We built Sporcle for Android. It was a fun project working with the Sporcle engineers. They already had the iPhone version and we created a matching Android version. Whats really great about this is that we can now compare both applications with each other and compare how they are doing in the wild. We now have a couple months of usage data to compare, here are some ideas and advice for other android app makers.
Don’t cater to the lowest denominator.
In the case of Sporcle, we wanted to hit as many operating systems as possible. One of our test devices was an “LG 540″. The device manufacturer provided no upgrade path for it so it is stuck at Android 1.6. We decided anything lower than that was not worth the risk. So we set our limits there. Unfortunately, that cuts you out of other features. The most important we found out was the anti piracy package that Google released in 2.1. So unless you have a really good reason, set the bar high. You can always lower it for the unfortunate souls who got trapped with a sales focused device manufacturer.
Piracy is a huge problems with Android
You have to deal with this. The cultures of Android and iPhone are hugely different. People on the iPhone are willing to buy, Android users want everything for free. The deployment model of Android is superiour but, Google only went half way when they created it. Making it easy helps for development and testing but when it also made it super simple to steal. I understand that the people who steal it, probably would never have bought it, but it is so easy to get cracked apps that it almost feels like you are doing nothing wrong. In the case of Sporcle, we saw 40% of the new users never bought the app.
You should also consider a free version.
There are so many Android users that you can get a huge boost by letting people try it before they buy it.
The Android app store is not helpful
This, I clearly do not understand. It makes it very hard to get noticed and as a consumer, its actually hard to find anything. I feel like I’m looking for freeware. The part that doesn’t make sense here is this is where Google makes money. They take 30% of the profits but, it feels like they only were interested in building the OS and open sourceing it. Android SDK is good to build with, a little weird at some times, but then the final step, selling it, they totally dropped the ball. The iTunes experience and app store is pretty funky but, at least Apple thought about what people will want. I think Google is about to learn this lesson hard now that Amazon has moved in to show them how a online store should work. Yay, free market.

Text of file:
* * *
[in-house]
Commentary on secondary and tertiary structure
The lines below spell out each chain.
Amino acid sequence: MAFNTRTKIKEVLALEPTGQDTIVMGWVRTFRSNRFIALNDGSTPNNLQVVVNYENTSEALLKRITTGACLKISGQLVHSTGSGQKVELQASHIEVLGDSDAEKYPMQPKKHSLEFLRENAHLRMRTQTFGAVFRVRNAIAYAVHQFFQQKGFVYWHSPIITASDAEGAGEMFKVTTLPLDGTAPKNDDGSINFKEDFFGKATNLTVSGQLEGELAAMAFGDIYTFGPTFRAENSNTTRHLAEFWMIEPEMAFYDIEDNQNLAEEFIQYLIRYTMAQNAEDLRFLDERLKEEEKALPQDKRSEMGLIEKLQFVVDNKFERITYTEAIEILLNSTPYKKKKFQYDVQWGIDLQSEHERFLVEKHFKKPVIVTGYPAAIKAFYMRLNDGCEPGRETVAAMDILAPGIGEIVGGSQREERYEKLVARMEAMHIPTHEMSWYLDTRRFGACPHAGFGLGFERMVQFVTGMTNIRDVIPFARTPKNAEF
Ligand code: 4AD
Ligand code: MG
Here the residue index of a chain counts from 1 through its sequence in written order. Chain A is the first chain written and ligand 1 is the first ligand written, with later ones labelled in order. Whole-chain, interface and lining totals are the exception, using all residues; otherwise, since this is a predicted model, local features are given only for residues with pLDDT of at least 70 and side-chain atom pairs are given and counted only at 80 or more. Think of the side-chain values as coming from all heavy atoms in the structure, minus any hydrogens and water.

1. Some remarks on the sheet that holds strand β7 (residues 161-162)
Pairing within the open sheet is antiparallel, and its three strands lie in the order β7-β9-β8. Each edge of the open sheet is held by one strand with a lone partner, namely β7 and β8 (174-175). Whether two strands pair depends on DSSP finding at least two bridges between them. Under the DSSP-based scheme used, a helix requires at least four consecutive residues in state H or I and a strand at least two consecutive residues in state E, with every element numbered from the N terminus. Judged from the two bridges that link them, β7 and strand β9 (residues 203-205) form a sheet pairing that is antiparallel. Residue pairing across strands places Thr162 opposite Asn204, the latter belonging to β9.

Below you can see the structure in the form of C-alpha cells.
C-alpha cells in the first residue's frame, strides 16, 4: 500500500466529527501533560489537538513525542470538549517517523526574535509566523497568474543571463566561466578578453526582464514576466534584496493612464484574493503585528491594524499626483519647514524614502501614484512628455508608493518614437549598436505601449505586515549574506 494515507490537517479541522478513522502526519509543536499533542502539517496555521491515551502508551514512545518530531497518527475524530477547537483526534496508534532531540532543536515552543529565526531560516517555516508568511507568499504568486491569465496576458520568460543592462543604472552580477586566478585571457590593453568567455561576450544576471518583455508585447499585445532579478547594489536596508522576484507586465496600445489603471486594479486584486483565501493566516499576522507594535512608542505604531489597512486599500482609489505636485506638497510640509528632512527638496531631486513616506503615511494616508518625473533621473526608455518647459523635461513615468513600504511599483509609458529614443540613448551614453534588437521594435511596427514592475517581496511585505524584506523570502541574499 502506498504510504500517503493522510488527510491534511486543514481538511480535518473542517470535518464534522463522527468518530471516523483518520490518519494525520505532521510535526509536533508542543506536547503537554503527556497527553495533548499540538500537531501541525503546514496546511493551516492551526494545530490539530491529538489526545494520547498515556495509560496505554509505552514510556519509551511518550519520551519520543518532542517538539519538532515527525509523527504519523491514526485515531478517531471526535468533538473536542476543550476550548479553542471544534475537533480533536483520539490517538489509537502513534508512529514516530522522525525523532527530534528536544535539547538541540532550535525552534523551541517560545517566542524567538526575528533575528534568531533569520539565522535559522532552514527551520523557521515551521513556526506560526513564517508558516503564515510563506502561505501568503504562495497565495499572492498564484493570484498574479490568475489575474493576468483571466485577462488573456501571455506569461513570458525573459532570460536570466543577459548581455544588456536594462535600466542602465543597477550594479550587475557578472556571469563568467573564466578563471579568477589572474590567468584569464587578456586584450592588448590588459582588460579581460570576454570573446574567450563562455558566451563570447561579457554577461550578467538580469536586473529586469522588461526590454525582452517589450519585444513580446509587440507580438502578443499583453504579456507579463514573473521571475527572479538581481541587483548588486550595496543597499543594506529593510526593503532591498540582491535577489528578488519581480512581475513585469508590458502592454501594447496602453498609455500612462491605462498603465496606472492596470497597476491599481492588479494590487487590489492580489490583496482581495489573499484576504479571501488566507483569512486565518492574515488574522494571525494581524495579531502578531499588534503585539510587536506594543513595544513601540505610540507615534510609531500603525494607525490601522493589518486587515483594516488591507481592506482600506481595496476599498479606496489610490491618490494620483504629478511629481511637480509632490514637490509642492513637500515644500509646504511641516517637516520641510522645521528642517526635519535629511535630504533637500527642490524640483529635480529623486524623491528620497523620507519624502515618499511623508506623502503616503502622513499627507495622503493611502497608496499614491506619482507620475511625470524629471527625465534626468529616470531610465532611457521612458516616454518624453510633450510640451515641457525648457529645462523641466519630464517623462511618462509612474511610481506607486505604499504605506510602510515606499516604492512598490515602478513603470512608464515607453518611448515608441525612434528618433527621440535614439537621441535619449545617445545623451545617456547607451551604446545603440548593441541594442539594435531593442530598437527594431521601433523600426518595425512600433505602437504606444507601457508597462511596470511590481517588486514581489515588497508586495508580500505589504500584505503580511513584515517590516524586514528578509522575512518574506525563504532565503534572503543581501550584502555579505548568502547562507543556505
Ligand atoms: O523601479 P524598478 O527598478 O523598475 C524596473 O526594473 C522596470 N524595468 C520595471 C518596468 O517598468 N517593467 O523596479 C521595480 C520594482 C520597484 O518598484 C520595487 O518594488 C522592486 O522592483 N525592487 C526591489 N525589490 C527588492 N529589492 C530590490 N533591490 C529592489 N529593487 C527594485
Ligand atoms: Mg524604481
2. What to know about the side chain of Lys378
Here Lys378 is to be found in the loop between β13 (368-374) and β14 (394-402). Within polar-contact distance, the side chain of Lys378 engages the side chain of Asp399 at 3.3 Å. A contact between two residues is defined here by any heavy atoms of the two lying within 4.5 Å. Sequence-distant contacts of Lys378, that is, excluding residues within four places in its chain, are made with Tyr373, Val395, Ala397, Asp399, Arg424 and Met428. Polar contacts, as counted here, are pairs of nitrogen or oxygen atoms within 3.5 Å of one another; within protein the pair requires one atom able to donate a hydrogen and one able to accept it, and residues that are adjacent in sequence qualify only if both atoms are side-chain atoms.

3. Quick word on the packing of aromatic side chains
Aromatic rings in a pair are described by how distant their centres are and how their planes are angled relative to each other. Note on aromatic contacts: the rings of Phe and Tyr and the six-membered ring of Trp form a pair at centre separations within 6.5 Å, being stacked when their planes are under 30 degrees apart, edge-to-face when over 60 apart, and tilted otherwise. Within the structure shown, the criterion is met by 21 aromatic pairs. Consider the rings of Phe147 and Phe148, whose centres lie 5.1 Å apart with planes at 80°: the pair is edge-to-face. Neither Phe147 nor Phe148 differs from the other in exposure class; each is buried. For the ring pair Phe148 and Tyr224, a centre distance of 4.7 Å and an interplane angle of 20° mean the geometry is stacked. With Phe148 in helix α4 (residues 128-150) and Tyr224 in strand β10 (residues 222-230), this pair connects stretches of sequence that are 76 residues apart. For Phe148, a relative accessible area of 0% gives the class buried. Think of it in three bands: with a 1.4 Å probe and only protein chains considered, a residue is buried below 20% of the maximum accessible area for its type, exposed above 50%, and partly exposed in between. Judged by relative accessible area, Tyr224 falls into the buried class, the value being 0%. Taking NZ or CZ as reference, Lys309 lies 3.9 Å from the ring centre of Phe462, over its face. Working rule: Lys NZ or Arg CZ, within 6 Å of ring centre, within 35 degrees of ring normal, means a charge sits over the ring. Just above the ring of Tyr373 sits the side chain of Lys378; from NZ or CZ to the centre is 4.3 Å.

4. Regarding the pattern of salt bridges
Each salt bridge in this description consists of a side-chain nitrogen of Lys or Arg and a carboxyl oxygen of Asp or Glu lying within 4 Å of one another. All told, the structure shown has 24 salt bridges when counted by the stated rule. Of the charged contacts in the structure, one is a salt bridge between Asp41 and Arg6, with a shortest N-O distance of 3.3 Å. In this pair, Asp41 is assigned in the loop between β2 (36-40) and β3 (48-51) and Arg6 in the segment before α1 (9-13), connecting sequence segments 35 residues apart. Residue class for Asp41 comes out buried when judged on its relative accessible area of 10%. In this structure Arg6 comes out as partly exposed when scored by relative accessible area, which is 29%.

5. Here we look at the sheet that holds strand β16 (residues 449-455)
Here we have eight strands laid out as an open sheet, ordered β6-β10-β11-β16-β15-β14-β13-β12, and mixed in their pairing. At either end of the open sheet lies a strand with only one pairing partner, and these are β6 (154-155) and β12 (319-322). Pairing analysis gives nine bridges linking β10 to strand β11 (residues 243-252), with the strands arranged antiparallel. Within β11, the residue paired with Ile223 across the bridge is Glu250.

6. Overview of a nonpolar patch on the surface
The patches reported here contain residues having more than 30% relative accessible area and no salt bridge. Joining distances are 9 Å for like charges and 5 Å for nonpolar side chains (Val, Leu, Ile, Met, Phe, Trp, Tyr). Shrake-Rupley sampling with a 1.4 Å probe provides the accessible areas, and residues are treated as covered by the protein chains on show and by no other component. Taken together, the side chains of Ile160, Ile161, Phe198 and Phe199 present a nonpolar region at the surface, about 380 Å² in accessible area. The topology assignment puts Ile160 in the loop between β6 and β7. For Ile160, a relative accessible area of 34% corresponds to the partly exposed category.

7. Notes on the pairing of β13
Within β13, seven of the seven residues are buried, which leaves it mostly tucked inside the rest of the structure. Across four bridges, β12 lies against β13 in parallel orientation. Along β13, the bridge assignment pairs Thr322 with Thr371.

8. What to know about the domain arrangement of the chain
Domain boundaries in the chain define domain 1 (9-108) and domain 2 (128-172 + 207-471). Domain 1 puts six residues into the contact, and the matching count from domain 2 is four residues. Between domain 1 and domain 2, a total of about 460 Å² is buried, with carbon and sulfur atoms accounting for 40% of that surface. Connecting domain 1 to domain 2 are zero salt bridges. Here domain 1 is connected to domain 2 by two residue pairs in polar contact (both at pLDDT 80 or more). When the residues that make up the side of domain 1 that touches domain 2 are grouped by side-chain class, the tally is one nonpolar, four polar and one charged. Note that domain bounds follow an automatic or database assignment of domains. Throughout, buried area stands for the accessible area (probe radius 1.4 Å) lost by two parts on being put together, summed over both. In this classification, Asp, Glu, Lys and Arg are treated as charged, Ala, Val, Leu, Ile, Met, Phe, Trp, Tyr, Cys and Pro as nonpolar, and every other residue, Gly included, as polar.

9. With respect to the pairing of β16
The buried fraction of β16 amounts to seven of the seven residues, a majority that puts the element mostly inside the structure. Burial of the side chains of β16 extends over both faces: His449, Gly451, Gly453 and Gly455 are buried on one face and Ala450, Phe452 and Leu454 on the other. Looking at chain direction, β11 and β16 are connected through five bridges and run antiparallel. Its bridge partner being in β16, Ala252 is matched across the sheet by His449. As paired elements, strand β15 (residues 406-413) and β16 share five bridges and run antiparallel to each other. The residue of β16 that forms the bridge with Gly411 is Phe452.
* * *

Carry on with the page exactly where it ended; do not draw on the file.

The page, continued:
Flurry is your friend.
It is your best way to get feedback about your application, regardless of where someone fired it up. Hats off to the Flurry folks.
Now, I don’t want to come off as a negative person about this. Google did do a slick job with the OS, the emmulators, the deployment and debugging. There are lots of powerful engineering features in Android that Apple may never be able to open up or duplicate. And if you are building a system that exists beyond the Apple solar system (say government applications), Android lets you control that perfectly. But, my advice to other app builders is this, until Google gets serious about building that market, or someone takes up the slack (AMZN), it will be very hard to build Android applications and expect a decent ROI.
Posted in: Mobile Development